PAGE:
$S$ of objects such that, given an interval $I$ , a query counts how many objects of $S$ are covered by $I$ . Besides COUNT, the problem can also be defined with other aggregate functions, e.g., SUM, MIN, MAX and AVERAGE. This paper studies a novel variant of range aggregation, where an object can belong to multiple sets. A query (at runtime) picks any two sets, and aggregates on their intersection. More formally, let $S_{1},\ldots, S_{m}$ be $m$ sets of objects. Given distinct set ids $i$ , $j$ and an interval $I$ , a query reports how many objects in $S_{i}\mathop{\rm\cap\kern 0pt}\displaylimits S_{j}$ are covered by $I$ . We call this problem range aggregation with set selection (RASS). Its hardness lies in that the pair $(i, j)$ can have ${m\choose 2}$ choices, rendering effective indexing a non-trivial task. The RASS problem can also be defined with other aggregate functions, and generalized so that a query chooses more than 2 sets. We develop a system called RASS to power this type of queries. Our system has excellent efficiency in both theory and practice. Theoretically, it consumes linear space, and achieves nearly-optimal query time. Practically, it outperforms existing solutions on real datasets by a factor up to an order of magnitude. The paper also features a rigorous theoretical analysis on the hardness of the RASS problem, which reveals invaluable insight into its characteristics." /> $S$ of objects such that, given an interval $I$ , a query counts how many objects of $S$ are covered by $I$ . Besides COUNT, the problem can also be defined with other aggregate functions, e.g., SUM, MIN, MAX and AVERAGE. This paper studies a novel variant of range aggregation, where an object can belong to multiple sets. A query (at runtime) picks any two sets, and aggregates on their intersection. More formally, let $S_{1},\ldots, S_{m}$ be $m$ sets of objects. Given distinct set ids $i$ , $j$ and an interval $I$ , a query reports how many objects in $S_{i}\mathop{\rm\cap\kern 0pt}\displaylimits S_{j}$ are covered by $I$ . We call this problem range aggregation with set selection (RASS). Its hardness lies in that the pair $(i, j)$ can have ${m\choose 2}$ choices, rendering effective indexing a non-trivial task. The RASS problem can also be defined with other aggregate functions, and generalized so that a query chooses more than 2 sets. We develop a system called RASS to power this type of queries. Our system has excellent efficiency in both theory and practice. Theoretically, it consumes linear space, and achieves nearly-optimal query time. Practically, it outperforms existing solutions on real datasets by a factor up to an order of magnitude. The paper also features a rigorous theoretical analysis on the hardness of the RASS problem, which reveals invaluable insight into its characteristics." /> $S$ of objects such that, given an interval $I$ , a query counts how many objects of $S$ are covered by $I$ . Besides COUNT, the problem can also be defined with other aggregate functions, e.g., SUM, MIN, MAX and AVERAGE. This paper studies a novel variant of range aggregation, where an object can belong to multiple sets. A query (at runtime) picks any two sets, and aggregates on their intersection. More formally, let $S_{1},\ldots, S_{m}$ be $m$ sets of objects. Given distinct set ids $i$ , $j$ and an interval $I$ , a query reports how many objects in $S_{i}\mathop{\rm\cap\kern 0pt}\displaylimits S_{j}$ are covered by $I$ . We call this problem range aggregation with set selection (RASS). Its hardness lies in that the pair $(i, j)$ can have ${m\choose 2}$ choices, rendering effective indexing a non-trivial task. The RASS problem can also be defined with other aggregate functions, and generalized so that a query chooses more than 2 sets. We develop a system called RASS to power this type of queries. Our system has excellent efficiency in both theory and practice. Theoretically, it consumes linear space, and achieves nearly-optimal query time. Practically, it outperforms existing solutions on real datasets by a factor up to an order of magnitude. The paper also features a rigorous theoretical analysis on the hardness of the RASS problem, which reveals invaluable insight into its characteristics." /> Range Aggregation With Set Selection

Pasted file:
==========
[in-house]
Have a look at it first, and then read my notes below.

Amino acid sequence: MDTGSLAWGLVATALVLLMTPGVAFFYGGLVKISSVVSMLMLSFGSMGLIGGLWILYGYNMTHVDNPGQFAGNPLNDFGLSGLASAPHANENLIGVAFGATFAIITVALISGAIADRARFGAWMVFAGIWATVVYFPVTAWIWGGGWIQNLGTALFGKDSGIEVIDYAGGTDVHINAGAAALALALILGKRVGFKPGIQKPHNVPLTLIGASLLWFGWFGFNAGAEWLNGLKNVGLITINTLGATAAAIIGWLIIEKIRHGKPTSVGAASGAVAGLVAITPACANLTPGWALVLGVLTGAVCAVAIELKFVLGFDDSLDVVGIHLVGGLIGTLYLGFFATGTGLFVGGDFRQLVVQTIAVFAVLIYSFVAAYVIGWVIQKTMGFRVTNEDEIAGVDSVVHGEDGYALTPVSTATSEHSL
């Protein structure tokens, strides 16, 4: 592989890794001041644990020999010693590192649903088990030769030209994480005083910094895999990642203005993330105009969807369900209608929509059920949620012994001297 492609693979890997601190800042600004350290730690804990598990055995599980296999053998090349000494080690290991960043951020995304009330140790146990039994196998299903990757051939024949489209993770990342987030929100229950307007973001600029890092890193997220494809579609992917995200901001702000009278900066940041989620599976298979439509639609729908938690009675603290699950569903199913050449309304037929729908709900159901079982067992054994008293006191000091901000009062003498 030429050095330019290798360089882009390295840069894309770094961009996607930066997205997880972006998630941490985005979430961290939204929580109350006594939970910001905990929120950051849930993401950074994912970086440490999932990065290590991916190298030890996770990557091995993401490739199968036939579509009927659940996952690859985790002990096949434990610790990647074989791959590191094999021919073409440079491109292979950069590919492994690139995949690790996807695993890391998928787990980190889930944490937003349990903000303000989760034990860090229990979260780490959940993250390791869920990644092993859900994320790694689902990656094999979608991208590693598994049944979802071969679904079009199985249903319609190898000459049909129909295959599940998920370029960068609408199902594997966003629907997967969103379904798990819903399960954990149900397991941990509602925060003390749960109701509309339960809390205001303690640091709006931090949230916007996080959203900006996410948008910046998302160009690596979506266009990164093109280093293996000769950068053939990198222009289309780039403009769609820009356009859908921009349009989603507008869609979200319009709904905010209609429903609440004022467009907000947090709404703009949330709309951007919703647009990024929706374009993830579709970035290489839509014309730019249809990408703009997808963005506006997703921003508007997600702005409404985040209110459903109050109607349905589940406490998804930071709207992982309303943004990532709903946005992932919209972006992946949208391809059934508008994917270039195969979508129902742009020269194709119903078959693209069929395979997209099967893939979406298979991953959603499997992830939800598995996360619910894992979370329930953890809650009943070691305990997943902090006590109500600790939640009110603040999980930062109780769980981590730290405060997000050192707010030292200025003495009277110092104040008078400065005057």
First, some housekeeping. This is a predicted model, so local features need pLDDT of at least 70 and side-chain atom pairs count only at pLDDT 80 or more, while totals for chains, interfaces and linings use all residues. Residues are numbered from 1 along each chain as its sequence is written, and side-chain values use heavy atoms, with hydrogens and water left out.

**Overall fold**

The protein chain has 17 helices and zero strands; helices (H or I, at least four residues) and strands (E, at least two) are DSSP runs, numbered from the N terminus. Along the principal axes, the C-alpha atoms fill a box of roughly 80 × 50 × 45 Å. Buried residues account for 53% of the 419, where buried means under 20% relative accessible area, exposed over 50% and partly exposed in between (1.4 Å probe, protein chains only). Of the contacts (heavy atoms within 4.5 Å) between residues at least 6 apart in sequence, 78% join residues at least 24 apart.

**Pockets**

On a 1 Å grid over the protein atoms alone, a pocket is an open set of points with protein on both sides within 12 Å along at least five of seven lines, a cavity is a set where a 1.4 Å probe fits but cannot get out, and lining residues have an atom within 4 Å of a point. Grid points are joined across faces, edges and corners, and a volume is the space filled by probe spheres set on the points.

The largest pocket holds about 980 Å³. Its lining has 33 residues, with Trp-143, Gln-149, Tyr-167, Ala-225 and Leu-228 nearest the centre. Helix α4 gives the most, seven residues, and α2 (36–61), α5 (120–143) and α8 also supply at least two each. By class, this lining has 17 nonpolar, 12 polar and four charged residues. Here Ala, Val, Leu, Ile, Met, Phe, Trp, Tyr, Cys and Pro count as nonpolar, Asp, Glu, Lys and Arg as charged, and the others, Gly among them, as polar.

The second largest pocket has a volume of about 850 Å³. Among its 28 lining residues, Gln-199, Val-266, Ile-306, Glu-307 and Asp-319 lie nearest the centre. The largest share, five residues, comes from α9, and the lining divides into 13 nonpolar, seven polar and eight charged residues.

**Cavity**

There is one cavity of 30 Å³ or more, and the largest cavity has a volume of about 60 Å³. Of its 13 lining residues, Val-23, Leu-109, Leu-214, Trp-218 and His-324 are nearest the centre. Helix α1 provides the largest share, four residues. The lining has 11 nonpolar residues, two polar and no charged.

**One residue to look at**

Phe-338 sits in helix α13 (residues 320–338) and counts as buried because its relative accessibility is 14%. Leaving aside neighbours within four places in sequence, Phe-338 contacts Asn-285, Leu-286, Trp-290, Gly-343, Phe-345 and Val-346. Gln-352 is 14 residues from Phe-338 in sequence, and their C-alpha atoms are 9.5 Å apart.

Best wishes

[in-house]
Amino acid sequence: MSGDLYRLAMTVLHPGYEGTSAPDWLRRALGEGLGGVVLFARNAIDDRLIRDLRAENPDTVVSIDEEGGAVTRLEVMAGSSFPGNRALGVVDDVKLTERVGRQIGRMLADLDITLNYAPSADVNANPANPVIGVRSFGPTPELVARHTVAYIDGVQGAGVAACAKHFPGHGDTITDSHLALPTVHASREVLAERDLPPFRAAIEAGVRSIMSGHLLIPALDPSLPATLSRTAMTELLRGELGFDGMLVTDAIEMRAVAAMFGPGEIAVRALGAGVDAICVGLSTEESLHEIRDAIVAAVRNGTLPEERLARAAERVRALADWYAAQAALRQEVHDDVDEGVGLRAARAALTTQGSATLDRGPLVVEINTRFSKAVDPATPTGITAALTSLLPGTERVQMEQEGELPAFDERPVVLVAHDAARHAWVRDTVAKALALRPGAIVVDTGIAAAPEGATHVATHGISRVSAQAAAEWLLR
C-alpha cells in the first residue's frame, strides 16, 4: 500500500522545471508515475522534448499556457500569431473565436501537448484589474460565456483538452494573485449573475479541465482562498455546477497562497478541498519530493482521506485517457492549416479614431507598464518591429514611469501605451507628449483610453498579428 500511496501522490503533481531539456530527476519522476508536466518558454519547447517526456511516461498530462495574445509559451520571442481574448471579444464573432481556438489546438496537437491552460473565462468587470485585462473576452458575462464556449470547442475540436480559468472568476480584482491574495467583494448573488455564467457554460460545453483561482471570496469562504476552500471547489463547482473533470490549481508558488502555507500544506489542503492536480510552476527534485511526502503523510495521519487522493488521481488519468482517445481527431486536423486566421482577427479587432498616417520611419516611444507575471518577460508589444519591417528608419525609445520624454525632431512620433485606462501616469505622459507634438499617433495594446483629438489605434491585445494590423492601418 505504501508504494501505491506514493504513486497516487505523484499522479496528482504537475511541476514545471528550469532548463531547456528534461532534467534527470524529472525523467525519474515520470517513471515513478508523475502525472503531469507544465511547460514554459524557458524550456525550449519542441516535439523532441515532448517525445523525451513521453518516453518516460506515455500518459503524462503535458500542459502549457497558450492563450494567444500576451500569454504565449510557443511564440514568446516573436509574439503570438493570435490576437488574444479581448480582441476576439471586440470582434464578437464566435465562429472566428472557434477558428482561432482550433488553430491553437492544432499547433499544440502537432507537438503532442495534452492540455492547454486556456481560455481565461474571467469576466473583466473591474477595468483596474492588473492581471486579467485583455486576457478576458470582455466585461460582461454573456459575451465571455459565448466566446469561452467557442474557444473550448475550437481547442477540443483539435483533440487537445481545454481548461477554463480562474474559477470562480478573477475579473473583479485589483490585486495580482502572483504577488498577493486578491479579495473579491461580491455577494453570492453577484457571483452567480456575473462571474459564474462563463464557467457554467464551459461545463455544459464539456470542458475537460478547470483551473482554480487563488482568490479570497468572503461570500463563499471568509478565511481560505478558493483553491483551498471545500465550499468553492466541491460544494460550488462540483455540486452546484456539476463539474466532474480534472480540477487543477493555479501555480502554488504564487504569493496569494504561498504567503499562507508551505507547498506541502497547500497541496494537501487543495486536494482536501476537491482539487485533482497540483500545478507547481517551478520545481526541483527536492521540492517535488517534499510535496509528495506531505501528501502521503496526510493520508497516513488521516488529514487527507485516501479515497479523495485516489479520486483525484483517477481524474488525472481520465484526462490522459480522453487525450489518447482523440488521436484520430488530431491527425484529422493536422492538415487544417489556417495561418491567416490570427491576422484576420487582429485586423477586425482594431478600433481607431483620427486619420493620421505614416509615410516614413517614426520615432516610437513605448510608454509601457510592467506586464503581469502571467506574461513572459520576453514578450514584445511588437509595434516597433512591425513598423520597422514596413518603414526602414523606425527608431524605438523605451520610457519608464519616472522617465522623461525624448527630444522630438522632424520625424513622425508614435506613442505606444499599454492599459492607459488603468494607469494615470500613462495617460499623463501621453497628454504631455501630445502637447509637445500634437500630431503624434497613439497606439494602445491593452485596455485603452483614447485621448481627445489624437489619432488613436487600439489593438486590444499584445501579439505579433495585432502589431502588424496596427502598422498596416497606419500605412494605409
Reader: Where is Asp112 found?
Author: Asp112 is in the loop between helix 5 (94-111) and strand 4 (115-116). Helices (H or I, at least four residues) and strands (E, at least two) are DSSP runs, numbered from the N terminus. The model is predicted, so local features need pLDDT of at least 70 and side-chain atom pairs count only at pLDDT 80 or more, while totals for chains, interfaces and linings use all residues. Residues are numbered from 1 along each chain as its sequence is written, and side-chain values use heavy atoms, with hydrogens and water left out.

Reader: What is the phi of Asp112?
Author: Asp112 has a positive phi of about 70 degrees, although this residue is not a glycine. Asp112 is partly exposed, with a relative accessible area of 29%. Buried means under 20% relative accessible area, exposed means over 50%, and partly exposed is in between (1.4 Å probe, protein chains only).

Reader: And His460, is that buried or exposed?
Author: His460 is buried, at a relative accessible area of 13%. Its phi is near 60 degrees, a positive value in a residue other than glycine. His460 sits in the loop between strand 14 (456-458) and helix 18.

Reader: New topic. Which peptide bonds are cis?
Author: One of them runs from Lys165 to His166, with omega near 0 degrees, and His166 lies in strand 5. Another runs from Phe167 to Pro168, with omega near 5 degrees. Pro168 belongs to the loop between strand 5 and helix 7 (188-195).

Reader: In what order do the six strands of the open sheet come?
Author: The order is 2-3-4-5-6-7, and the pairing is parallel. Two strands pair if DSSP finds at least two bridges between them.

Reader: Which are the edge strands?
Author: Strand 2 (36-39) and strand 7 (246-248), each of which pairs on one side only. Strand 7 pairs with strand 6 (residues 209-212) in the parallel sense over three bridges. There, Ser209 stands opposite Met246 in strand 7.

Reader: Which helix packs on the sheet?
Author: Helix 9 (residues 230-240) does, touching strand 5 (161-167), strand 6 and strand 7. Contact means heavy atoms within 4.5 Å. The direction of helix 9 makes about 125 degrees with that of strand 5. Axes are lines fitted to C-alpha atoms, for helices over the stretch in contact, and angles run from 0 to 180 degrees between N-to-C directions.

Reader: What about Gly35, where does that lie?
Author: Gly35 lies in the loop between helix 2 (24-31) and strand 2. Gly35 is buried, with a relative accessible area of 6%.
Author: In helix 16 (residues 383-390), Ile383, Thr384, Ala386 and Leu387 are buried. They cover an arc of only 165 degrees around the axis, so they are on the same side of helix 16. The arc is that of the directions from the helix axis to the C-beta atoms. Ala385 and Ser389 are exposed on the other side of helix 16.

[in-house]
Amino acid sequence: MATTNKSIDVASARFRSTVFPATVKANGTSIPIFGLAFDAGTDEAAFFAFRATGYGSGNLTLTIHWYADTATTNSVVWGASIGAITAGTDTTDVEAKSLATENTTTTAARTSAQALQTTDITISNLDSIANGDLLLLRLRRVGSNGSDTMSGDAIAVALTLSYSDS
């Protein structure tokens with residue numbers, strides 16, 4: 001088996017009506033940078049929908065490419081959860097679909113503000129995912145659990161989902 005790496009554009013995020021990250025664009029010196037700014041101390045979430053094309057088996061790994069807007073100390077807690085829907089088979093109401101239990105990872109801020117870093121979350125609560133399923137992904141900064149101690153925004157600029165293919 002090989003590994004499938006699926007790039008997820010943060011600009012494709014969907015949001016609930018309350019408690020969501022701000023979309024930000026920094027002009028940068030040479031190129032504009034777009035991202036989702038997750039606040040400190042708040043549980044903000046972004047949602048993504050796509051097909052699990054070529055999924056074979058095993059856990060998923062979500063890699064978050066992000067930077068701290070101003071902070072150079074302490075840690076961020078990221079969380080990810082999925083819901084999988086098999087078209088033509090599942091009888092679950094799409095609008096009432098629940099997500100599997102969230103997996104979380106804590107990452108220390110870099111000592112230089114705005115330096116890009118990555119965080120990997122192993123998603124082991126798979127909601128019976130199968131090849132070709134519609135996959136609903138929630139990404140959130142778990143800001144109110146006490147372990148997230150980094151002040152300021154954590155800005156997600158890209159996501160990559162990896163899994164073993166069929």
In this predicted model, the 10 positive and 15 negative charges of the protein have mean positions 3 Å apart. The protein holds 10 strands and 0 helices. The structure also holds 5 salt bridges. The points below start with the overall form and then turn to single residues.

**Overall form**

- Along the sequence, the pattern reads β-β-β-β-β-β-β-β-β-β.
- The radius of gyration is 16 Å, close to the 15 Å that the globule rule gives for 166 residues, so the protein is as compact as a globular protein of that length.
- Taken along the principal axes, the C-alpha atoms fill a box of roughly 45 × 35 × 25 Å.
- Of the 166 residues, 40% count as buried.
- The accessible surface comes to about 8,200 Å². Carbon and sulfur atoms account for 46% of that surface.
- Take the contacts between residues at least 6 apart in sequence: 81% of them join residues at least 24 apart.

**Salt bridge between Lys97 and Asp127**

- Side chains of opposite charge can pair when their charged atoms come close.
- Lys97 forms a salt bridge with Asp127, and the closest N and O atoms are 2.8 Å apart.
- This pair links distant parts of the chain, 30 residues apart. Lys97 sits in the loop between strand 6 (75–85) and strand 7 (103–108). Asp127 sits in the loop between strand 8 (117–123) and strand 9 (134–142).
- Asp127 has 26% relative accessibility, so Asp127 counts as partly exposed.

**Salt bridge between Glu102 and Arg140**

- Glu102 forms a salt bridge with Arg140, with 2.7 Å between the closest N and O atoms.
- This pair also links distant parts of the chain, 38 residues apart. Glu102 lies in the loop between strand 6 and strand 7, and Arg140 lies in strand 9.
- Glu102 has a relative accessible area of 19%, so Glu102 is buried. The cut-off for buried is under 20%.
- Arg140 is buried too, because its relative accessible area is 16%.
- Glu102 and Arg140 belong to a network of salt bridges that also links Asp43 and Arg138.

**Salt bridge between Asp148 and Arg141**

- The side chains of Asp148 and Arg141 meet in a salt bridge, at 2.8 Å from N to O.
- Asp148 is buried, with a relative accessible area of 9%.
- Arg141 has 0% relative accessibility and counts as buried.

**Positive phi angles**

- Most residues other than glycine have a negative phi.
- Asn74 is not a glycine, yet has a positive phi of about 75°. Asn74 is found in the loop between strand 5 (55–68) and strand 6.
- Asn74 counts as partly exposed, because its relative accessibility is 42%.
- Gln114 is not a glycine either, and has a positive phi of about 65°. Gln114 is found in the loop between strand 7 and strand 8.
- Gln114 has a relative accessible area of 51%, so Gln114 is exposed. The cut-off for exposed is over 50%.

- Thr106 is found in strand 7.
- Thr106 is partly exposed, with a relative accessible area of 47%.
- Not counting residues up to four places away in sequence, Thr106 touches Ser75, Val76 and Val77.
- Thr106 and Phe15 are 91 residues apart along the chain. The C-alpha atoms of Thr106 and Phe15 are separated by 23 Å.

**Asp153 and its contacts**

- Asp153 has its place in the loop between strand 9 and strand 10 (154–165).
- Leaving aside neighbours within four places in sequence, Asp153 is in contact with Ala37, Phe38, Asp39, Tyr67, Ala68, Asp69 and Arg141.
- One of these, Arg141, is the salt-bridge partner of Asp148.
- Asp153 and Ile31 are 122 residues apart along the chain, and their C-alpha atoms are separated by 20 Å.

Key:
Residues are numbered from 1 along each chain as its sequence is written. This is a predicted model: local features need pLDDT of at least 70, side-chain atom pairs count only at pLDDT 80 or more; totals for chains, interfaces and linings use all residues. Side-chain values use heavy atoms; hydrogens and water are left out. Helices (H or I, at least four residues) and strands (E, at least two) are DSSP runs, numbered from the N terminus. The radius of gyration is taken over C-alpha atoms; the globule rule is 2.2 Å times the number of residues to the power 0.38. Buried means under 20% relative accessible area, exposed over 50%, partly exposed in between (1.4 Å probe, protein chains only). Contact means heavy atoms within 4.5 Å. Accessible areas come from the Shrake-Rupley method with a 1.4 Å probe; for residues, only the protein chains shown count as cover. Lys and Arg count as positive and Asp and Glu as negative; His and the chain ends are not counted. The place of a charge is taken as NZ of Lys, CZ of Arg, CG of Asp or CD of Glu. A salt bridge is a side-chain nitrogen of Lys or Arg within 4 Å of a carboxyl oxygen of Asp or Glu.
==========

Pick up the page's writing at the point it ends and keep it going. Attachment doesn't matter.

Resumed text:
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Issue No.05 - May (2014 vol.26)